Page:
Sweep in Nursing Home Finds Felons and Sex Offenders with Outstanding Warrants

In a recent blog on nursing home injury, our Maryland-based attorneys discussed the problem many nursing homes are facing today, of creating a safe environment for residents who live in nursing home facilities with patients who are mentally ill or have violent criminal pasts.

After the Chicago Tribune’s investigative reports over the past few months, fueled by a series of nursing home abuse and assault cases, the publication has shed light on the high numbers of felons and sex offenders that reside in Illinois nursing homes, and how this is affecting the safety of nursing home residents. Last week, twenty federal marshals and the County Cook sheriff’s police, initiated by the Illinois Attorney General’s office, conducted a raid of two Chicago-based homes, looking for felons with outstanding arrest warrants.

After the sweep of the nursing homes, eighteen residents were discovered in the homes who are wanted on charges that vary from burglary and assault to disorderly conduct. The authorities arrested five people, including an unregistered sex offender from another state. According to the Attorney General’s office, this was the first step in an ongoing effort to identify residents in nursing homes who are wanted on arrest warrants.

The Chicago Tribune reports that the number of residents living in Illinois nursing homes who are felons has grown as the state continues to rely on the nursing home facilities to place younger psychiatric patients, many of whom have criminal records, which can endanger resident safety and cause nursing home injury or abuse to older residents.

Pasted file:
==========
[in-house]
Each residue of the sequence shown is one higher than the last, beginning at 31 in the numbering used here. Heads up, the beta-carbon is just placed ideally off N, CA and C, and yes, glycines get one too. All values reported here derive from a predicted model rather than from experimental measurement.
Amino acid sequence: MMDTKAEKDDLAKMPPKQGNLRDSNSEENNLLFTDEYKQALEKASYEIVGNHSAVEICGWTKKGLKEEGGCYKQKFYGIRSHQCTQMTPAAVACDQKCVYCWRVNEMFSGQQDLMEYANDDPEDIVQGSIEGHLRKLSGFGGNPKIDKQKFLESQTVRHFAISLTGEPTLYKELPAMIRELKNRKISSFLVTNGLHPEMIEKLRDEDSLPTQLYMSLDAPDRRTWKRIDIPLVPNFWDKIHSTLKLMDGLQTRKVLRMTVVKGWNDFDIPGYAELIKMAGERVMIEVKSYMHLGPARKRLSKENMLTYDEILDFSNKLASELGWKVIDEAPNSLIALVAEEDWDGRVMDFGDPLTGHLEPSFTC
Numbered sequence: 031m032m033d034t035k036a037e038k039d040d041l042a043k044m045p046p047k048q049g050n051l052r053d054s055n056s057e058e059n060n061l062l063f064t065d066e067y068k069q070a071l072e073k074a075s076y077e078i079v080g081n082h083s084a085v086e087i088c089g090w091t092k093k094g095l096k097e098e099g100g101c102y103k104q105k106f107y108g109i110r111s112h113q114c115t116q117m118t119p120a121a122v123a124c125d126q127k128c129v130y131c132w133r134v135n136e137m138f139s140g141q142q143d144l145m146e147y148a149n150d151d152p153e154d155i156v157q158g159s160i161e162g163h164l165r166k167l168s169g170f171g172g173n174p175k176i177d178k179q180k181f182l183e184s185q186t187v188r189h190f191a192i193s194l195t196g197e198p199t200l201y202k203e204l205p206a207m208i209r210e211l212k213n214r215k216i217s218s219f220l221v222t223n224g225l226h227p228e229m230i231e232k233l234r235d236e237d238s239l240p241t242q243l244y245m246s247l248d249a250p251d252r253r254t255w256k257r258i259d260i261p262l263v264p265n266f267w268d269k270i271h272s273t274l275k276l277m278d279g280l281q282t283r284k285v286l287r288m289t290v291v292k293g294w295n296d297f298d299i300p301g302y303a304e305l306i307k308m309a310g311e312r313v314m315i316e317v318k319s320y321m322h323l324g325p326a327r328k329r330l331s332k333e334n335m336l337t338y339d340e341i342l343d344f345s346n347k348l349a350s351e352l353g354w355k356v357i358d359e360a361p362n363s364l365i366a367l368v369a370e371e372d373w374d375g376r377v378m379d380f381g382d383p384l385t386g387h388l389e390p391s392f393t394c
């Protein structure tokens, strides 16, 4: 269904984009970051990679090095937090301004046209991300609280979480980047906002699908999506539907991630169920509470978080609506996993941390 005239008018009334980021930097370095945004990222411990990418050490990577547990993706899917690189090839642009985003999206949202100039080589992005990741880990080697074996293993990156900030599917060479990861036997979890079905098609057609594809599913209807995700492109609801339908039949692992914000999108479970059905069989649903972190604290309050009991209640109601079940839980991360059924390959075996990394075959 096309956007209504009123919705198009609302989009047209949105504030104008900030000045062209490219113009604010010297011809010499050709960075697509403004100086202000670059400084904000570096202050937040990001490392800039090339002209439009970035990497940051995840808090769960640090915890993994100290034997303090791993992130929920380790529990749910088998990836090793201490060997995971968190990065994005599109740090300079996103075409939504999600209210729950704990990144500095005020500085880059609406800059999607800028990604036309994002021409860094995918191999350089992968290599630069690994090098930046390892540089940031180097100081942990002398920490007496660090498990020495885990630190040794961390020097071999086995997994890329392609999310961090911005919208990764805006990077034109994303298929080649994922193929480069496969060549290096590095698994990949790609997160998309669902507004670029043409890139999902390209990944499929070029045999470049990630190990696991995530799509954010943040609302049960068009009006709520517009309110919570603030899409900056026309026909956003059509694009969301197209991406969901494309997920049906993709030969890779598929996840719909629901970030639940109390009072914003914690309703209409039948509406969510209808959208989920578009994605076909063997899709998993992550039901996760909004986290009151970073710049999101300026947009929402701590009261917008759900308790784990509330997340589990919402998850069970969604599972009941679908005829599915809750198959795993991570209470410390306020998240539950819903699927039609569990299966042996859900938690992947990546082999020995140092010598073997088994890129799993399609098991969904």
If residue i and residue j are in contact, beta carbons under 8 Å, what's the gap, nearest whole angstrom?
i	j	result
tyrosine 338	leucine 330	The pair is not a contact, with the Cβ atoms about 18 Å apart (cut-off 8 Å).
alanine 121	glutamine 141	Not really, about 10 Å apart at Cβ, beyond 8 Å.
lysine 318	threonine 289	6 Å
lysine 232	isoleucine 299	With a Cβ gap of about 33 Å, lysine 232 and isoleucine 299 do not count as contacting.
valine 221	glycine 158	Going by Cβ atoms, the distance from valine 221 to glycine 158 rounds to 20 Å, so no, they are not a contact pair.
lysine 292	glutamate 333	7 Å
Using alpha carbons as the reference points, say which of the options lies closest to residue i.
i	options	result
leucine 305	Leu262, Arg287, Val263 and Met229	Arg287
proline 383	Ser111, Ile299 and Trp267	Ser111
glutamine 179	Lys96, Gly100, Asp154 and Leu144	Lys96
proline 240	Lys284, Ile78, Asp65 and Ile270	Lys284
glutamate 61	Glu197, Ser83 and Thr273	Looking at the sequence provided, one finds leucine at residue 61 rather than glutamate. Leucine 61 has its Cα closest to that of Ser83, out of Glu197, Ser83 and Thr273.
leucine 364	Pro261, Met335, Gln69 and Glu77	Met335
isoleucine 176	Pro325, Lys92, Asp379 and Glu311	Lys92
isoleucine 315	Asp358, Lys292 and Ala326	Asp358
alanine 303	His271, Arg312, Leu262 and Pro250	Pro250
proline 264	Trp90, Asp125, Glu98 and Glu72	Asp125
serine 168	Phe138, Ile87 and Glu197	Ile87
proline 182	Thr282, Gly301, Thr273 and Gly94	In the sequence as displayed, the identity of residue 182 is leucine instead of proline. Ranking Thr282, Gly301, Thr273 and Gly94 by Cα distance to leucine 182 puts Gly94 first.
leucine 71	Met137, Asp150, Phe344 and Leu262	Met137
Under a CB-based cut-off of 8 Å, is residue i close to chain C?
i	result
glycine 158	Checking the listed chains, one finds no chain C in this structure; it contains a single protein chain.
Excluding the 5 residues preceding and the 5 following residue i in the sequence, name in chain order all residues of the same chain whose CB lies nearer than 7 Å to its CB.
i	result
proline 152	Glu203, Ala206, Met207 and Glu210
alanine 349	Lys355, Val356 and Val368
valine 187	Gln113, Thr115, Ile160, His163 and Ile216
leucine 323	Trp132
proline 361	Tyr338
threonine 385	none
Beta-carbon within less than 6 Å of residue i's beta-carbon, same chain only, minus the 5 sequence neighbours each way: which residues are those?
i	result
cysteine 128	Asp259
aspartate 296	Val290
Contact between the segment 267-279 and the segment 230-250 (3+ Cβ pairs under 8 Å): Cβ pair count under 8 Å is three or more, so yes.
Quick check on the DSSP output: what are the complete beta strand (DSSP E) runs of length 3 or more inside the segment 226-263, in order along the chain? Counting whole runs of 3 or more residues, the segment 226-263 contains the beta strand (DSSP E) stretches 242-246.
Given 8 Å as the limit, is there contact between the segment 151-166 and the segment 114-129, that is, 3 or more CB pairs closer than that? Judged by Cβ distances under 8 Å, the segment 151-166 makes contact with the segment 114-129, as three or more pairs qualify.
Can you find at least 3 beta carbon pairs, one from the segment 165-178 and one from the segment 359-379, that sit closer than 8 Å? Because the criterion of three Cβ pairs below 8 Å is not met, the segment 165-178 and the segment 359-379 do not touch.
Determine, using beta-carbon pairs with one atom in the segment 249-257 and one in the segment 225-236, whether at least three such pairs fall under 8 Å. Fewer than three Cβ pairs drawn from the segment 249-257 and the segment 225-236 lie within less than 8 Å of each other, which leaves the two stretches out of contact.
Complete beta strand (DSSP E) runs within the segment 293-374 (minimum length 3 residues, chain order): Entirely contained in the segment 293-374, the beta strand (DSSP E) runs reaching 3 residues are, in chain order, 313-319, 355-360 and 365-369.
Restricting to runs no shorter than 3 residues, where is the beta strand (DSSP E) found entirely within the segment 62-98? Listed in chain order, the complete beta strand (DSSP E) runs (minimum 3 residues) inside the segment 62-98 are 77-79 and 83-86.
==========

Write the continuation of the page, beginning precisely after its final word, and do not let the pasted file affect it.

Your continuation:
Nursing home facilities are supposed to use careful risk assessments and monitoring before placing patients with criminal records in nursing homes. The Tribune reports that the criminal background checks and risk assessments that were carried out on many of the state nursing home residents were filled with errors and omissions—masking the risk that many of these offenders could have when housed with vulnerable elderly or disabled residents.

If a Maryland nursing home resident becomes injured or dies because the nursing home neglected to protect the health and safety of the resident, the nursing home could be held liable for Maryland nursing home negligence or wrongful death. Our attorneys at Lebowitz and Mzhen, LLC represent victims and their families who wish to recover personal injury compensation from nursing home negligence and harm. Contact us today.

Nursing Home Sweeps Find 18 Residents with Outstanding Warrants, Chicago Tribune, December 23, 3009

Related Web Resources:

U.S. Department of Health and Human Services- Substance Abuse and Mental Health Services Administration, (SAMHSA): National Mental Health Information Center
Centers for Medicare and Medicaid Services, (CMS): Nursing Home Quality Initiative, (NHQI)

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